If you're learning how to code and (are) feeling burnt out, I highly suggest trying some design.
It's like arts and crafts for web developers.
- Tweet by Jack Forge September 3, 2021
Are you beginning to learn Web Development and are starting with either HTML, CSS, or JS, then please STOP!!! Obviously, you need to be well-versed about HTML elements, CSS properties, and JS functions, and you will, in due course. BUT, first read this seminal css-tricks article. Mark's article should be the preamble of all web development courses; alas, it's not.
I used Adrian Twarog's freeCodecamp article as a starting point which kicks off the design process by creating a sitemap: a preliminary inventory of all the pages that will comprise your site. If you recollect, we already have this, courtesy of Event Modelling.
First up, I drew the skeletal sketches in a book. I cycled through a lot of combinations [and reams of pages] before I settled on one; essentially, I was riffing on the structure and elements of the website.
Digital Whiteboard #
I installed Concepts[while it was a Mac-only app, they have recently debuted on Windows Store too]. But it was not free. Also a shame that even though Concept has apps for most platforms, we cannot share sketches across devices[mobile or desktop]. Next, I experimented with Figma's FigJam. Lotsa fun, but for a collaborative whiteboard/freeform drawing, it has a glaring lacuna: it's missing the all-important erase tool. In the end, Microsoft Whiteboard got the job done without getting in the way.
UI Layout #
A key takeaway from Adrian's video is using the layout grid as a visual rail to finesse the alignment of elements/objects.
One of Microsoft Whiteboard's noteworthy features is that we can export our sketches as an SVG. This allows us to conveniently drag and place our drawings adjacent to our frames in Figma and easily compare our progress[see left in the above pic; another Adrian tip].
I was raring to take my Figma game to the next level, and Brian Wood's Linkedin course does just that. It sparks the joy in using Figma: making icons, tips & tricks, etc. But the crucial learning was showing how we can leverage Figma's vast community to turbocharge our productivity. There is a world of UI Kits, plugins, illustrations, etc., out there that you can use "as-is" in your design. In a way, Figma is like the VS Code of Design and I loved 💗💗💗 it.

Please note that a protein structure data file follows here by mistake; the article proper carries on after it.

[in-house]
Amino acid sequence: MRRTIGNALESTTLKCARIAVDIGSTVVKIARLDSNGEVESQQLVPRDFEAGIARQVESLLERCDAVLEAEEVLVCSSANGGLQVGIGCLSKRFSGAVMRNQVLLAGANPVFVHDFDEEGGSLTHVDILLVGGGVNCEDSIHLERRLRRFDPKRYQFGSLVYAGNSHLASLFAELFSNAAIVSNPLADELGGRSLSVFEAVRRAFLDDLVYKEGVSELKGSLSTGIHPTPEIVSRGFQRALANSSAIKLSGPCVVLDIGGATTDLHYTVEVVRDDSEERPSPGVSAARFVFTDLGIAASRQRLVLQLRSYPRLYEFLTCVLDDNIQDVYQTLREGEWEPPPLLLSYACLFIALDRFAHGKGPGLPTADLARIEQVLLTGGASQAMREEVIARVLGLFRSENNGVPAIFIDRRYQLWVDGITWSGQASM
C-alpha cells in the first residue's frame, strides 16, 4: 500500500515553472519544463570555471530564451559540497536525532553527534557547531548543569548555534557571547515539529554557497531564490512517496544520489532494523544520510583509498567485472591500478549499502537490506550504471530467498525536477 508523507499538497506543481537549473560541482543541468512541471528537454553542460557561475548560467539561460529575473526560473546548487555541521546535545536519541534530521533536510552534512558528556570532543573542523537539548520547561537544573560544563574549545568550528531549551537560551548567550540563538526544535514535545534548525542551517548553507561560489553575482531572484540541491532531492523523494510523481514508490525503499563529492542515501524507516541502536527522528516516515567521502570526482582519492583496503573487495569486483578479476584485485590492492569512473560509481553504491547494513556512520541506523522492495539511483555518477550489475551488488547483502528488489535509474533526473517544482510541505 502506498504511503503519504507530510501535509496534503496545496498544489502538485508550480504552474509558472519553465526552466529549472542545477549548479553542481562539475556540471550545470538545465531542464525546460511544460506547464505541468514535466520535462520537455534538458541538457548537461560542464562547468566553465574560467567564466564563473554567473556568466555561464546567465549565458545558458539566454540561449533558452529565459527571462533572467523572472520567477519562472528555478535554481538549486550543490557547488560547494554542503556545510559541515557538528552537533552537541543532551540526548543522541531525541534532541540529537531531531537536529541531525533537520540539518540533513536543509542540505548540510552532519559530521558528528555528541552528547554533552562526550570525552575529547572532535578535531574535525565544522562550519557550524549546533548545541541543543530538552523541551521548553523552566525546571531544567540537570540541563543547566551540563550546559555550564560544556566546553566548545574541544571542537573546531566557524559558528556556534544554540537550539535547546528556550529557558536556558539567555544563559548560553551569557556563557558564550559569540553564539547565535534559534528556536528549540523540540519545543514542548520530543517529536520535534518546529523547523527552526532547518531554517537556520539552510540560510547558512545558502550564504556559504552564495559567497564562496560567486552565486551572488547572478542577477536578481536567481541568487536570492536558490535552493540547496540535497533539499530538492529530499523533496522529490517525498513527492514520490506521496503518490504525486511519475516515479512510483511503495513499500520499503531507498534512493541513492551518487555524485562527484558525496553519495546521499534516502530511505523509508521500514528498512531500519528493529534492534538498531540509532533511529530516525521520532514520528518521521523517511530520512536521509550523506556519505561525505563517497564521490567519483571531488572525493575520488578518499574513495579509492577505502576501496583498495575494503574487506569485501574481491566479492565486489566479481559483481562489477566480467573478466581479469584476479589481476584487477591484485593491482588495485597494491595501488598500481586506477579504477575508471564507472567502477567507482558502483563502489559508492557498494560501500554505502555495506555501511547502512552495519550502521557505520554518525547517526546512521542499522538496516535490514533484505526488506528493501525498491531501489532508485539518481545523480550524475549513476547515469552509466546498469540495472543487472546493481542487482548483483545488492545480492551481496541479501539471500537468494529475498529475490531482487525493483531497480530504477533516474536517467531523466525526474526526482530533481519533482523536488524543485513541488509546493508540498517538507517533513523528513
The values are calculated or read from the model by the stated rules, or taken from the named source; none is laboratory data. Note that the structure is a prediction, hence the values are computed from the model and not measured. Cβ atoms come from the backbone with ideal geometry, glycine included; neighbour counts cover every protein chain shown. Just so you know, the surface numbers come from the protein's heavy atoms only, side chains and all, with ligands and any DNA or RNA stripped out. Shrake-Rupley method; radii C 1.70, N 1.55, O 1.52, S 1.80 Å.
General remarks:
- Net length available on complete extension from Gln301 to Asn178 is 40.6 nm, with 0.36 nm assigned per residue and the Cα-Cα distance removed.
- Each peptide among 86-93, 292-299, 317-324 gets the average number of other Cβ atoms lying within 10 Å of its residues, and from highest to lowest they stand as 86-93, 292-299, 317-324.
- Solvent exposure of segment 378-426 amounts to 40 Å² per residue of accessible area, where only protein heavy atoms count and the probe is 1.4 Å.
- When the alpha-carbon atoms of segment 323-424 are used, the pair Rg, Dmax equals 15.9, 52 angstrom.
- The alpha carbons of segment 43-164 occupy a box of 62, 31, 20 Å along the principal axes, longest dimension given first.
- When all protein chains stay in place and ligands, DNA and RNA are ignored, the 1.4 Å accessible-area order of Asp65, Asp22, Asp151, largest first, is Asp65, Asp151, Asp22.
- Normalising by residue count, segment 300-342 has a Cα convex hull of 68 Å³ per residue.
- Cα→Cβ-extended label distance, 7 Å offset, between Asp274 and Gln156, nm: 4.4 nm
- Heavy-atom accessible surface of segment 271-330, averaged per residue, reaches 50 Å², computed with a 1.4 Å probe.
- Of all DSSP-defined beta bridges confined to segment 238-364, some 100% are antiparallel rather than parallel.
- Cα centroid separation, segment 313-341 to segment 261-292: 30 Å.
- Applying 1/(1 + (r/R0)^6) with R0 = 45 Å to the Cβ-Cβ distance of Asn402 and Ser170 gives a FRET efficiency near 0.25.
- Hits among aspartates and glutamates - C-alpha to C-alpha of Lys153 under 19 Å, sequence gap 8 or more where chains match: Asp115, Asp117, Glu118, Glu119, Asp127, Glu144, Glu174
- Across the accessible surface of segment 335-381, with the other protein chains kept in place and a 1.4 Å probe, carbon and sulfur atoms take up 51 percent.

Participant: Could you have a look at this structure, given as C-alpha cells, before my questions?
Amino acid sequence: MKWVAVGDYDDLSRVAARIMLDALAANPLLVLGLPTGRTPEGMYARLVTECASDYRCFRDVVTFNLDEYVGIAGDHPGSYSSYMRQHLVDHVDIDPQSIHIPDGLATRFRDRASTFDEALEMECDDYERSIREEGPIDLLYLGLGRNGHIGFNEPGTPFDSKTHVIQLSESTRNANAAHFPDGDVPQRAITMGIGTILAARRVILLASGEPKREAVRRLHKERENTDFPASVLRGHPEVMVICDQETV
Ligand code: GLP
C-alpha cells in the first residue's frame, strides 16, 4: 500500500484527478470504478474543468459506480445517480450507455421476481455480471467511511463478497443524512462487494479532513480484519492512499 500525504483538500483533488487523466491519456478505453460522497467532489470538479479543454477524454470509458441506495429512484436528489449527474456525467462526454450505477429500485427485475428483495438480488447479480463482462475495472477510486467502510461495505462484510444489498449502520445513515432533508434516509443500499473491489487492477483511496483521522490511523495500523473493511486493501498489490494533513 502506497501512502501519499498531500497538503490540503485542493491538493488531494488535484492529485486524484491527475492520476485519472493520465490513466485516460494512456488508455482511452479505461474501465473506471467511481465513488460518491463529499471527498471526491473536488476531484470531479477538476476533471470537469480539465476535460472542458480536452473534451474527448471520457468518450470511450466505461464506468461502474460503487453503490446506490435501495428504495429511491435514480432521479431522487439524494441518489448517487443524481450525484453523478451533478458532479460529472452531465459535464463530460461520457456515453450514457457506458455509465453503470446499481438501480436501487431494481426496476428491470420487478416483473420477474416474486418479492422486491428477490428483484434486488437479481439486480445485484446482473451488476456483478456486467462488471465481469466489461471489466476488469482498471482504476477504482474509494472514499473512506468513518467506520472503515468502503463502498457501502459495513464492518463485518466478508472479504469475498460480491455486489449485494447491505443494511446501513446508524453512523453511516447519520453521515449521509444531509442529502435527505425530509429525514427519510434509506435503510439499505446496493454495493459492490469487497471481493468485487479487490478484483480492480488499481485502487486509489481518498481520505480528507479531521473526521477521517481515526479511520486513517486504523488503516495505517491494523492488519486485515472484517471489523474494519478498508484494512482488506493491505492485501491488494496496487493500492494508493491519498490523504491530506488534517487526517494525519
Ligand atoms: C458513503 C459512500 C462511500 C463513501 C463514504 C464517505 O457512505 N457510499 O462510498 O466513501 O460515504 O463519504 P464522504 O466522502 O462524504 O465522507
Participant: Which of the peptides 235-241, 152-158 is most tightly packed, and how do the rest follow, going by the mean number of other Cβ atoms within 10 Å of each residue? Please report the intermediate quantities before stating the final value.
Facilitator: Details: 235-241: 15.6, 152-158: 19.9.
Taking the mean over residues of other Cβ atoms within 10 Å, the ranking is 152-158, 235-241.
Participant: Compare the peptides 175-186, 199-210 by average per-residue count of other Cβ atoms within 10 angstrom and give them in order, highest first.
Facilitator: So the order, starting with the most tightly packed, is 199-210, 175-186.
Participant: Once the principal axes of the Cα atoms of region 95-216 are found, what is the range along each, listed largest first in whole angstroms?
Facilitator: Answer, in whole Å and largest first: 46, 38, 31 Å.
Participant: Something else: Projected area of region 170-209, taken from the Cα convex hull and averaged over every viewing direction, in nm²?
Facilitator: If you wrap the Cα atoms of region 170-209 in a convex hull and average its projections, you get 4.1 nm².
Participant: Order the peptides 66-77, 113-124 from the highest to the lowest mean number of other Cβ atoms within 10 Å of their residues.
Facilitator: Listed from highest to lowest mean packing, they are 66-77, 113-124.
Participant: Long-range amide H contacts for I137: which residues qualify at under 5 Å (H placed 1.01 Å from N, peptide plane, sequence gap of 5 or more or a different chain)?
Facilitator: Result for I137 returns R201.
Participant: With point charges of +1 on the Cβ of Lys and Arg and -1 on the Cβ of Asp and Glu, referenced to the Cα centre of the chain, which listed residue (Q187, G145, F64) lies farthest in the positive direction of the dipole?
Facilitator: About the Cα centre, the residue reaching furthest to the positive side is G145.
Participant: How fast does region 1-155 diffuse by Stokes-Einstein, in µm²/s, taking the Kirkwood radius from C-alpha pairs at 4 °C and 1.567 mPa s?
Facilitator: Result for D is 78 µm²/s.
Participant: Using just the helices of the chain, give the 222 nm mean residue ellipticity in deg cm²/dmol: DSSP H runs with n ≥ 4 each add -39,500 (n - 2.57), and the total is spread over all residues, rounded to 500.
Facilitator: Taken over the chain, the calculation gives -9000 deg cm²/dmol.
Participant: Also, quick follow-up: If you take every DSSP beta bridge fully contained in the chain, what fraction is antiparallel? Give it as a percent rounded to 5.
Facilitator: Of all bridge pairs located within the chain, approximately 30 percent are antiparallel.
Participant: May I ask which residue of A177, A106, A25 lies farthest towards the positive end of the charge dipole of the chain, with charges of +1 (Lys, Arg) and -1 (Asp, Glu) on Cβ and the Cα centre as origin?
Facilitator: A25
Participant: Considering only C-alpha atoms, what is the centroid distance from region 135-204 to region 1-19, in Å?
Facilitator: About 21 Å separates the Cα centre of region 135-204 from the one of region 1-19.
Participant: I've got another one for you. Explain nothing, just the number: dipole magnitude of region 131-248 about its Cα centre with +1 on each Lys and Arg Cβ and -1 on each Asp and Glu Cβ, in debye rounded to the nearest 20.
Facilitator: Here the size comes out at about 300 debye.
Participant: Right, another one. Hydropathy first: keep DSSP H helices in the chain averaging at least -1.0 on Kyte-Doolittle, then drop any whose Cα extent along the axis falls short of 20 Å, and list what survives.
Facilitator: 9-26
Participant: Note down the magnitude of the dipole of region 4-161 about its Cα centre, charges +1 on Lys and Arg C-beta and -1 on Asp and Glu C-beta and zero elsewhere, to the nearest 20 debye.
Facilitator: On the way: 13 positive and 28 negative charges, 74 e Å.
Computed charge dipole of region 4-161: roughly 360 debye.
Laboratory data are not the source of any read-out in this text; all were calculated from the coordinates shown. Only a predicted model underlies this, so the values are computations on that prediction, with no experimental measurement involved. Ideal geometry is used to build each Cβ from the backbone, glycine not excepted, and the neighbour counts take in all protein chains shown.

Check out my labor of love, the final Figma frames
In the above pic, I have highlighted one of the community UI kits, from which I have sourced some of the elements I have used in the above frames.
Finally, I created the site's prototype in Figma, showcasing the navigation of the different pages of our web app. You can take it for a twirl on the Figma App[Click on the play button to see the animation].
If you are a regular user of Figma, something should have caught your eye in the gif above. The sync button turns blue when clicking the mouse on it: its a beta feature, Interactive Components building upon Figma variants
I'm pumped: in our next iteration circa October-start, I'll be adopting a more elaborate workflow incorporating the different Figma plugins. Stay tuned for that post.
Most backend developers, no matter how many SPA tutorials they complete, stumble initially. These tutorials start with an arbitrary component without addressing how and why a particular visual element is a component. Guess what, my friend, the epiphany for me was when I discovered those are identified much before coding, in the design phase. Check out the below picture: visual elements are grouped, classified as an individual component, or could be nested in another, all within a visual hierarchy.
I'm going to end this blog post the same way I began it by imploring developers to ensure that you are well versed with the structural ideas of your site, along with the layout, before you commence coding. Because if the foundation is not set right and the wooden beams/steel trusses are not perfectly aligned, your house aka app is going to be wobbly, no matter what. React/Vue/Blazor components, in the words of Pink Floyd, are just "another brick in the wall".
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